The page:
So if you have a privacy policy with a class action arbitration waiver and you suffer a data breach, consumers can each sue for $100. Well, technically, they can each demand an arbitration for $100. Individually. Not as a class—if the privacy policy and arbitration agreement are written well and executed properly. If not, you’re in trouble.

Huuuge Mistake

Recently, online gaming app developer Huuge attempted to get consumers to agree to both an arbitration agreement and a class action waiver through an online app. If you looked at the app description and clicked “more,” you would see the notice, “Read our terms of use.” This would include a URL the consumer could type into a browser.  In the mobile app, the three-dot “kebab” in the upper right corner led to a drop-down menu that included an item, “Terms and Conditions” which then included the language that purported to be the arbitration agreement and waiver of class action. While courts have frequently enforced such “browsewrap” agreements, the federal appeals court in the Huuge case noted that users were not required to click “I agree” to assent to the waiver and had no actual or constructive notice that the site even had terms of use or a waiver of the right to sue. The court noted: “Only curiosity or dumb luck might bring a user to discover the Terms.” This, the court found, was not sufficient to compel a waiver of the right to file a class action. So the better approach is to make the user actually read the waiver and actually click an “I agree” button, waiving their rights. (Maybe with language from Dante’s Divine Comedy, “Abandon hope all ye who enter here?”)

Click Here

So the Huuge court found that merely having some terms of service was not enough to mandate assent, but that a click “I agree” button would probably work.

Big deal. Huuge?

Nope. Not at all. ‘Cause, let’s face it: Consumers don’t read privacy policies. Consumers don’t read arbitration agreements. Consumers don’t read class action waivers. They don’t read them partly because they are boring. Partly because they are unreadable. Partly because they are not subject to negotiation. But mostly, in the words of Ellen Barkin in “Diner,”  “It’s too complicated Schreevie … I just want to hear music, that’s all.” So consumers will click anything you put in front of them, ’cause “it’s too complicated, Shreevie …”

So CCPA provides for certain rights that will quickly and easily be removed by hordes of lawyers. Meanwhile, companies will continue to send updated privacy policies to consumers, some of which will invariably contain the poison pill of class action waivers. Advice: Read these things. Even though I know you won’t.

Mark Rasch

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Mark Rasch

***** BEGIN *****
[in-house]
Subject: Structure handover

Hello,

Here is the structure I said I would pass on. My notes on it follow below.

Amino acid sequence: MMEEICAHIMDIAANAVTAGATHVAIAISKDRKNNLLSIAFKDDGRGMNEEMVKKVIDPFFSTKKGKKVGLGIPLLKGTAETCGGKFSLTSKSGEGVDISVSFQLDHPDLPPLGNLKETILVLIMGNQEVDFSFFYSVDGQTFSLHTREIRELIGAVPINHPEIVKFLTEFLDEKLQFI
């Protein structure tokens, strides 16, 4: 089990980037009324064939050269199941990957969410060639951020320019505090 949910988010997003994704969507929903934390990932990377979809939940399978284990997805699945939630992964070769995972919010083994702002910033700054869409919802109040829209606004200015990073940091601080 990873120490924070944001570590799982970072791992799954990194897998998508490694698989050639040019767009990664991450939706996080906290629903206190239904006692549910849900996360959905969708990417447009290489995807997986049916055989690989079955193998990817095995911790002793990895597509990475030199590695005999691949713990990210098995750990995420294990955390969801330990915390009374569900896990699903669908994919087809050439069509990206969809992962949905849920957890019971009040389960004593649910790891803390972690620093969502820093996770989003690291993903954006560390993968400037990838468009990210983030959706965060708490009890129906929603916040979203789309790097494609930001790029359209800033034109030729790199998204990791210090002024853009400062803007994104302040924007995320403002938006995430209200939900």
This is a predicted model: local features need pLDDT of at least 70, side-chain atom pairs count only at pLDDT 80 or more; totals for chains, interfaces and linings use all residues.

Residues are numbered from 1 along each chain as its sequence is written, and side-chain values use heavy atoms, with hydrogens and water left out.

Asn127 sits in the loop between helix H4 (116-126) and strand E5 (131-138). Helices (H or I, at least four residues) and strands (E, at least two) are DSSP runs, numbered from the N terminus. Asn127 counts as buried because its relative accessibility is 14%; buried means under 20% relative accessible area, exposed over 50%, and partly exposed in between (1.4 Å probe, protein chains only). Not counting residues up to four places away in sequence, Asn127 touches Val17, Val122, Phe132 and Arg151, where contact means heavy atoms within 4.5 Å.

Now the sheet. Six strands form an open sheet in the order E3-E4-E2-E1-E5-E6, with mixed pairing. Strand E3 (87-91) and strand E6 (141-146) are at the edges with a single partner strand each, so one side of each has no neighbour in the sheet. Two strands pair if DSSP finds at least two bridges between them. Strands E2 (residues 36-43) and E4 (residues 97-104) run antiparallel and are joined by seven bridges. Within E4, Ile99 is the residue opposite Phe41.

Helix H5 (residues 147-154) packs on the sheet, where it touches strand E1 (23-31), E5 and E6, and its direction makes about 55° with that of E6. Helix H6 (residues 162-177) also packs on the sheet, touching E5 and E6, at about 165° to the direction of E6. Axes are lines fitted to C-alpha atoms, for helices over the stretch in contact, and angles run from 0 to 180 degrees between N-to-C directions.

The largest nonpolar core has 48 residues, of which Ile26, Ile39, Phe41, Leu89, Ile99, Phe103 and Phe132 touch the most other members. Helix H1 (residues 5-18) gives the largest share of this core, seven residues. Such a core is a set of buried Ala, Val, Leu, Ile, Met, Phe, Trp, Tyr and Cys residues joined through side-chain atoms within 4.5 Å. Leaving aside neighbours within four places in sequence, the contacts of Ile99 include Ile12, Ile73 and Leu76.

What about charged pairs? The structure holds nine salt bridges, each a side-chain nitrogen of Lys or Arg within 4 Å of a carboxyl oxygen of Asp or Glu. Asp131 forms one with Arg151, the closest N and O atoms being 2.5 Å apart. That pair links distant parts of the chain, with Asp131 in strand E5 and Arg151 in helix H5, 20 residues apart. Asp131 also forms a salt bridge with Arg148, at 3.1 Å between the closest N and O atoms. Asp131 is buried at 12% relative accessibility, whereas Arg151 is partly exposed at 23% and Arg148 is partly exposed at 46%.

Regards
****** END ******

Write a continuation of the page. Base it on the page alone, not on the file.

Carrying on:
Mark Rasch is a lawyer and computer security and privacy expert in Bethesda, Maryland. where he helps develop strategy and messaging for the Information Security team. Rasch’s career spans more than 35 years of corporate and government cybersecurity, computer privacy, regulatory compliance, computer forensics and incident response. He is trained as a lawyer and was the Chief Security Evangelist for Verizon Enterprise Solutions (VES). He is recognized author of numerous security- and privacy-related articles. Prior to joining Verizon, he taught courses in cybersecurity, law, policy and technology at various colleges and Universities including the University of Maryland, George Mason University, Georgetown University, and the American University School of law and was active with the American Bar Association’s Privacy and Cybersecurity Committees and the Computers, Freedom and Privacy Conference. Rasch had worked as cyberlaw editor for, as Chief Privacy Officer for SAIC, and as Director or Managing Director at various information security consulting companies, including CSC, FTI Consulting, Solutionary, Predictive Systems, and Global Integrity Corp. Earlier in his career, Rasch was with the U.S. Department of Justice where he led the department’s efforts to investigate and prosecute cyber and high-technology crime, starting the computer crime unit within the Criminal Division’s Fraud Section, efforts which eventually led to the creation of the Computer Crime and Intellectual Property Section of the Criminal Division. He was responsible for various high-profile computer crime prosecutions, including Kevin Mitnick, Kevin Poulsen and Robert Tappan Morris. Prior to joining Verizon, Mark was a frequent commentator in the media on issues related to information security, appearing on BBC, CBC, Fox News, CNN, NBC News, ABC News, the New York Times, the Wall Street Journal and many other outlets.